Q: We have a mature Galaxy magnolia tree. It was here when we bought our house in 1993, but it was quite small. It is located on the west side of our house in a small area between our master bedroom and a tall covered patio, so it has probably received significantly less sun over the years than I suspect it needs. It has now reached only about 12 feet in height and 8 to 10 feet in diameter, but has grown each year and seemed to be relatively healthy. Each spring (around May), the tree blooms first, then the leaves appear and grow fully and rapidly. I believe that’s normal for this variety of magnolia. However, shortly after the tree’s leaves are fully developed and the tree looks extremely healthy (within about two to three weeks), the leaves rapidly start to turn brown and fall off. By late June, only about a third of the green leaves are left and there are still some more leaves that are yellowing and turning brown. Is this normal? It seems to happen every year. Or is there a problem that we need to address? Does the tree need a fertilizer or perhaps more acidity?
G. K. Greeson, Gold River
A: According to UC master gardener Barbara Mantzouranis, the Galaxy hybrid magnolia was introduced in 1980 by the National Arboretum, and is considered unique among cultivated magnolias. This deciduous tree displays pyramidal upright growth, with a narrow crown, and is very suitable for small landscapes and areas with limited space. Having a moderate growth rate, it can reach 30 to 40 feet tall with a 22- to 25-foot spread at maturity.
Magnolias require sun and rich well-drained soil to thrive, but will tolerate heavy clay soil if drainage is adequate. Regular summer watering is needed to produce optimum flowering and healthy growth of this tree, but well-established trees can get by with occasional watering during dry weather. Magnolias tend to be sensitive to activity in or around the root area, so foot traffic and gardening under these trees should be minimal.
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As is typical with this variety of magnolia, bright purple flowers appear before leaves in spring, so your tree seems to be doing well in that respect. But no, it is not normal for the tree to begin losing leaves within three weeks after they develop, and there is clearly something amiss.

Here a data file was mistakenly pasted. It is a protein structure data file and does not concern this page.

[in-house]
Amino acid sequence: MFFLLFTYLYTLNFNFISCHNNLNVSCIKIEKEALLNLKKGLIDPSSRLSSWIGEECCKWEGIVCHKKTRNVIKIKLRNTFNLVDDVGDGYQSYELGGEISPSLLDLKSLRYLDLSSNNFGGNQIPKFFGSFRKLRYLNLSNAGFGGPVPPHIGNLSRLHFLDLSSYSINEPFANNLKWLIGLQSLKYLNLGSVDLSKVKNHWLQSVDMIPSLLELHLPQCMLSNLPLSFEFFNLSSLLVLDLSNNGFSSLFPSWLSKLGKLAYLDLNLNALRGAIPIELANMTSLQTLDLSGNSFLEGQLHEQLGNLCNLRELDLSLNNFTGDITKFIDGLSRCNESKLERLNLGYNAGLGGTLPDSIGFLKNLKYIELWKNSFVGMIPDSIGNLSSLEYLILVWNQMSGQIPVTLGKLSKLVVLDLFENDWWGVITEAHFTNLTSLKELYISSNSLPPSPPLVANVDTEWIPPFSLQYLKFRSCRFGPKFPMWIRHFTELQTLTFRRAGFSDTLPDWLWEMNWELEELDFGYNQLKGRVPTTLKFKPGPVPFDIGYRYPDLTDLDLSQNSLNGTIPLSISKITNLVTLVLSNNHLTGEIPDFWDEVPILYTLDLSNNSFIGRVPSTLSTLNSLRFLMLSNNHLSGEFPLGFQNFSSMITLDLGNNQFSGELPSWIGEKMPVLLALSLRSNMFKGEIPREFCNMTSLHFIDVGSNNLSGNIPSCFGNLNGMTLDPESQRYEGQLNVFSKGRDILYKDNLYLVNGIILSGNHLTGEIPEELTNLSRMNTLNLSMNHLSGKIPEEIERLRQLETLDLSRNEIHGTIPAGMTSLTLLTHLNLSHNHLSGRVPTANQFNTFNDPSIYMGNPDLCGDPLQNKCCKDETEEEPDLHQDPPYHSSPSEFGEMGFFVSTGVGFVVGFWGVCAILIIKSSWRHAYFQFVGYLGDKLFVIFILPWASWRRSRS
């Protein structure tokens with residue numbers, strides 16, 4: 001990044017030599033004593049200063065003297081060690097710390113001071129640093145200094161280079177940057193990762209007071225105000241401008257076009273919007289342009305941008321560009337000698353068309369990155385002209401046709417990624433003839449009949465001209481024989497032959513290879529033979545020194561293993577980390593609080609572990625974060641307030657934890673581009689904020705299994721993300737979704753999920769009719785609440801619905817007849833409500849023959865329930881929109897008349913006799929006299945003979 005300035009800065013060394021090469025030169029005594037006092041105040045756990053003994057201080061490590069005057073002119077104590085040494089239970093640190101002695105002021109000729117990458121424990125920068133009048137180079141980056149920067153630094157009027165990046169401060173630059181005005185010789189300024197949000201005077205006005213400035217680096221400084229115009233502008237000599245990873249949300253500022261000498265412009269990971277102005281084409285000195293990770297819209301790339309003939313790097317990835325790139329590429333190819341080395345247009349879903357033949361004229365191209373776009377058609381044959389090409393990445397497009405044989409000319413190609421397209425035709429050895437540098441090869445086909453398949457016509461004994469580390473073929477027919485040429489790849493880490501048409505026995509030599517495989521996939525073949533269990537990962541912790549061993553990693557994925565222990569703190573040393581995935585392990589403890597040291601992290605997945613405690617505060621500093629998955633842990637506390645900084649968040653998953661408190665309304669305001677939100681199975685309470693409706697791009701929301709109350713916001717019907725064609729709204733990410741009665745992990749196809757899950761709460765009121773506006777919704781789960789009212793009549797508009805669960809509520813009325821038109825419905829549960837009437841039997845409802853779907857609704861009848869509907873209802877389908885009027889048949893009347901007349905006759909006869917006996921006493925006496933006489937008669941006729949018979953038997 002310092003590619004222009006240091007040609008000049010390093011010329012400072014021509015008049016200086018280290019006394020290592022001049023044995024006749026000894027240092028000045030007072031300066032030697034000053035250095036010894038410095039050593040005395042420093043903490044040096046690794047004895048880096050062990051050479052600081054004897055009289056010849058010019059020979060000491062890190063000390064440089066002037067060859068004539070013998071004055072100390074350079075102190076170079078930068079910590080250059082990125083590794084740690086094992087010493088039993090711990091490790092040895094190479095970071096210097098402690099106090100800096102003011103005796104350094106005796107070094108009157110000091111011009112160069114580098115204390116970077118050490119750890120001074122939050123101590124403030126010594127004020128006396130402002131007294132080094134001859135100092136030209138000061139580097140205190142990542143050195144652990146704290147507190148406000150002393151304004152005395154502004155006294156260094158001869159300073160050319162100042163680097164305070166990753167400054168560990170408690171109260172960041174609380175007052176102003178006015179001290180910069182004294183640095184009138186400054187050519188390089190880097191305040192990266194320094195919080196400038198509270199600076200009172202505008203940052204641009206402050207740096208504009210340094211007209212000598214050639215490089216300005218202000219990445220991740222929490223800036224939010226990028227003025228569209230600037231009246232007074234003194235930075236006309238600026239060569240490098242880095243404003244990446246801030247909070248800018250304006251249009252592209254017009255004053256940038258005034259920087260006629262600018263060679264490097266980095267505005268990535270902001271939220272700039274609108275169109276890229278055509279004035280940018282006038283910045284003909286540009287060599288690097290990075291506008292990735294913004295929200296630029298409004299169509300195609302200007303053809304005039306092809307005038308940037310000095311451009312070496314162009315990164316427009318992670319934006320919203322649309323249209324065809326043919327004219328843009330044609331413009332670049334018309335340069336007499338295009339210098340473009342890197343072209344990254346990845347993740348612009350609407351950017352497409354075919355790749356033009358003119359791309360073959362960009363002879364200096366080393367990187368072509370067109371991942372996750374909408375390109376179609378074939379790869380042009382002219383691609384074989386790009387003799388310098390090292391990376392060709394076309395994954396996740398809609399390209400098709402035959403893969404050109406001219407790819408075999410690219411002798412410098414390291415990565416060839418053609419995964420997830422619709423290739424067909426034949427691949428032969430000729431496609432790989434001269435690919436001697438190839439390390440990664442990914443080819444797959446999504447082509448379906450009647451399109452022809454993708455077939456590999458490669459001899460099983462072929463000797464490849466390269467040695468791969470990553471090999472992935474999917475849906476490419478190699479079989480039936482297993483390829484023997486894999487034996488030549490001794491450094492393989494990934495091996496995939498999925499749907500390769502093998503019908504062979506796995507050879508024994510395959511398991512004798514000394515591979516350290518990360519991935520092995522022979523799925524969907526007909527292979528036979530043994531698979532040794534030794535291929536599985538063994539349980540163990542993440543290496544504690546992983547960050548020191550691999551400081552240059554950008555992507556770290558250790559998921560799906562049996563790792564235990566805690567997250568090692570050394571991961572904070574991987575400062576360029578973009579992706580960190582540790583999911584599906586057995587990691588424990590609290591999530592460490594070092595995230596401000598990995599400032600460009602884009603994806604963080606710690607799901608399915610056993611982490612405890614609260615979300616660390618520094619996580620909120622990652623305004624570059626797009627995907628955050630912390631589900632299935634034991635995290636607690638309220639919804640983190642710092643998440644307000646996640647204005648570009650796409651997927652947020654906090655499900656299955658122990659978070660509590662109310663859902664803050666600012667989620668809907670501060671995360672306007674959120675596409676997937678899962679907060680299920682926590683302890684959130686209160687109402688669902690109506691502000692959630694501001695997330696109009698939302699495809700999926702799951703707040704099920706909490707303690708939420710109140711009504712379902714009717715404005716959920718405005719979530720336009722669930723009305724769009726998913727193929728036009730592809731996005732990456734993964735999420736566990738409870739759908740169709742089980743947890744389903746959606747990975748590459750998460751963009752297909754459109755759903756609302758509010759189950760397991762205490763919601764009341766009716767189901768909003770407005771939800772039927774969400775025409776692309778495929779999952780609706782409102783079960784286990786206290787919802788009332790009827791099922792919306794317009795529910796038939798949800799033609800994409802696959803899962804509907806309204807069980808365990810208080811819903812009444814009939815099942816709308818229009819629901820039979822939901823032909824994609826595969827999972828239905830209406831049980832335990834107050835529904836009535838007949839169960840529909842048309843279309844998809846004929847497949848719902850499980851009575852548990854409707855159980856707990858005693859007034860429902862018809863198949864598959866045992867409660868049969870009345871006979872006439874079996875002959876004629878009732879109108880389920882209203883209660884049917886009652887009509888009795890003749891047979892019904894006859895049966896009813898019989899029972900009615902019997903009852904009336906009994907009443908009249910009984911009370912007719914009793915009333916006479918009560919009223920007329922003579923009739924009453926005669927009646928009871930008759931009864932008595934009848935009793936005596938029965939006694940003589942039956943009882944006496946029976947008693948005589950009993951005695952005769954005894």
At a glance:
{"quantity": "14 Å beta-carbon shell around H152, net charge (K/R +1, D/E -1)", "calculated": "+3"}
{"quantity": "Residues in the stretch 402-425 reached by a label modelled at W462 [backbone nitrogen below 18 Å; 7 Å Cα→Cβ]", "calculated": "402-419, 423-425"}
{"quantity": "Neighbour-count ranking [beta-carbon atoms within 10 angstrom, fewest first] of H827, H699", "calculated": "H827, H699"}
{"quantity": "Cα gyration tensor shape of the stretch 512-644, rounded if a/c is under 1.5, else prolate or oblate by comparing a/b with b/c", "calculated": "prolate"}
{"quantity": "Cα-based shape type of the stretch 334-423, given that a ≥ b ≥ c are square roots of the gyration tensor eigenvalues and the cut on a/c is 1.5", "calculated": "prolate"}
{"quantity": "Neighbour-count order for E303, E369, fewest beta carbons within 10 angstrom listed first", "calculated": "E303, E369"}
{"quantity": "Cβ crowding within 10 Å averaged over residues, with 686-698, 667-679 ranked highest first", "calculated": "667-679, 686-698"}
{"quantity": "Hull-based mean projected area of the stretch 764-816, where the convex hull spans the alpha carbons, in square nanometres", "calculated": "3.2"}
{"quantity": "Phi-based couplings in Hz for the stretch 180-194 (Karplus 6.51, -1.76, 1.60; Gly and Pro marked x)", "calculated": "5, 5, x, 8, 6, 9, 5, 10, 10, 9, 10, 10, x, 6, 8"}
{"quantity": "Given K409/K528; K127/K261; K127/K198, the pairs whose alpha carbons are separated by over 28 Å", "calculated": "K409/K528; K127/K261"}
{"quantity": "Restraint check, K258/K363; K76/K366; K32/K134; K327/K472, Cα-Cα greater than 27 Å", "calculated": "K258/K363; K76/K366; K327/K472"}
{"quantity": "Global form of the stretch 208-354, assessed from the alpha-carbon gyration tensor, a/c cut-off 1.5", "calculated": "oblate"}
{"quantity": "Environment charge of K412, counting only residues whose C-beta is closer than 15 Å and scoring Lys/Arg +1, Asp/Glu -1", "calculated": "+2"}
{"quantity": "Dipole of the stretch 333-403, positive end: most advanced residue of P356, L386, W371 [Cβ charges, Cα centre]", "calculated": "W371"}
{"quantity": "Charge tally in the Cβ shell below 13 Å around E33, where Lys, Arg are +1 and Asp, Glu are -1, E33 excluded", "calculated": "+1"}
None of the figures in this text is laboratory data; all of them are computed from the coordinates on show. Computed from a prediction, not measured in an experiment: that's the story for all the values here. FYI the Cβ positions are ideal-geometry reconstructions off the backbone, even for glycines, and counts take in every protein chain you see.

There are leaf diseases, vascular diseases and cultural practices that can cause this malady in your tree. Unfortunately, your inquiry raises many questions that must be answered before an accurate diagnosis of the problem can be reached.
Occasional dead leaves sporadically spaced throughout the canopy are of no concern. However, it sounds as if your tree actually defoliates by roughly two-thirds by early summer. Repeated, prolonged defoliation takes a toll on trees. At more than 20 years of age, yet only 12 feet tall, your tree is quite dwarfed. Given the very small stature of your tree, it may not be receiving enough sunlight for optimal growth.
It is not recommended that you take any remedial measures with the tree until such time as you have pinpointed the problem. Fertilizing an ailing tree is not recommended unless a nutrient deficiency has been established.
When a tree is under stress and losing leaves, it is a very bad idea to fertilize, since the tree has to create enzymes that convert the fertilizer into a usable form for uptake, and this is an energy intensive task for the tree. This activity takes energy that the tree needs to use in rebuilding parts that it is losing, which in this case is leaves. And if the cause of the ailment is not a nutrient problem, the tree has expended a great deal of energy to convert this material which it will not use, at a time when energy should be focused on survival.
It is recommended that you take samples of both damaged as well as healthy leaves into the master gardener office that serves your county for help in visual identification of the problem. Since we are near the end of this growing season, leaves may not be available, so visual inspection may have to wait until leaf flush in the spring. Pictures of the tree and the growing site will also be helpful. The master gardeners also can talk to you about cultural practices.
The Sacramento County Master Gardener office is at 4145 Branch Center Road, Sacramento. Give them a call at (916) 876-5338 for walk-in office hours.
Questions are answered by master gardeners at the UC Cooperative Extension services in Sacramento and Placer counties. Send questions to Garden Detective, P.O. Box 15779, Sacramento, CA 95852. Send email to firstname.lastname@example.org. Please put “Garden Detective” in the subject field and include your postal address. To contact UC Extension directly, call:
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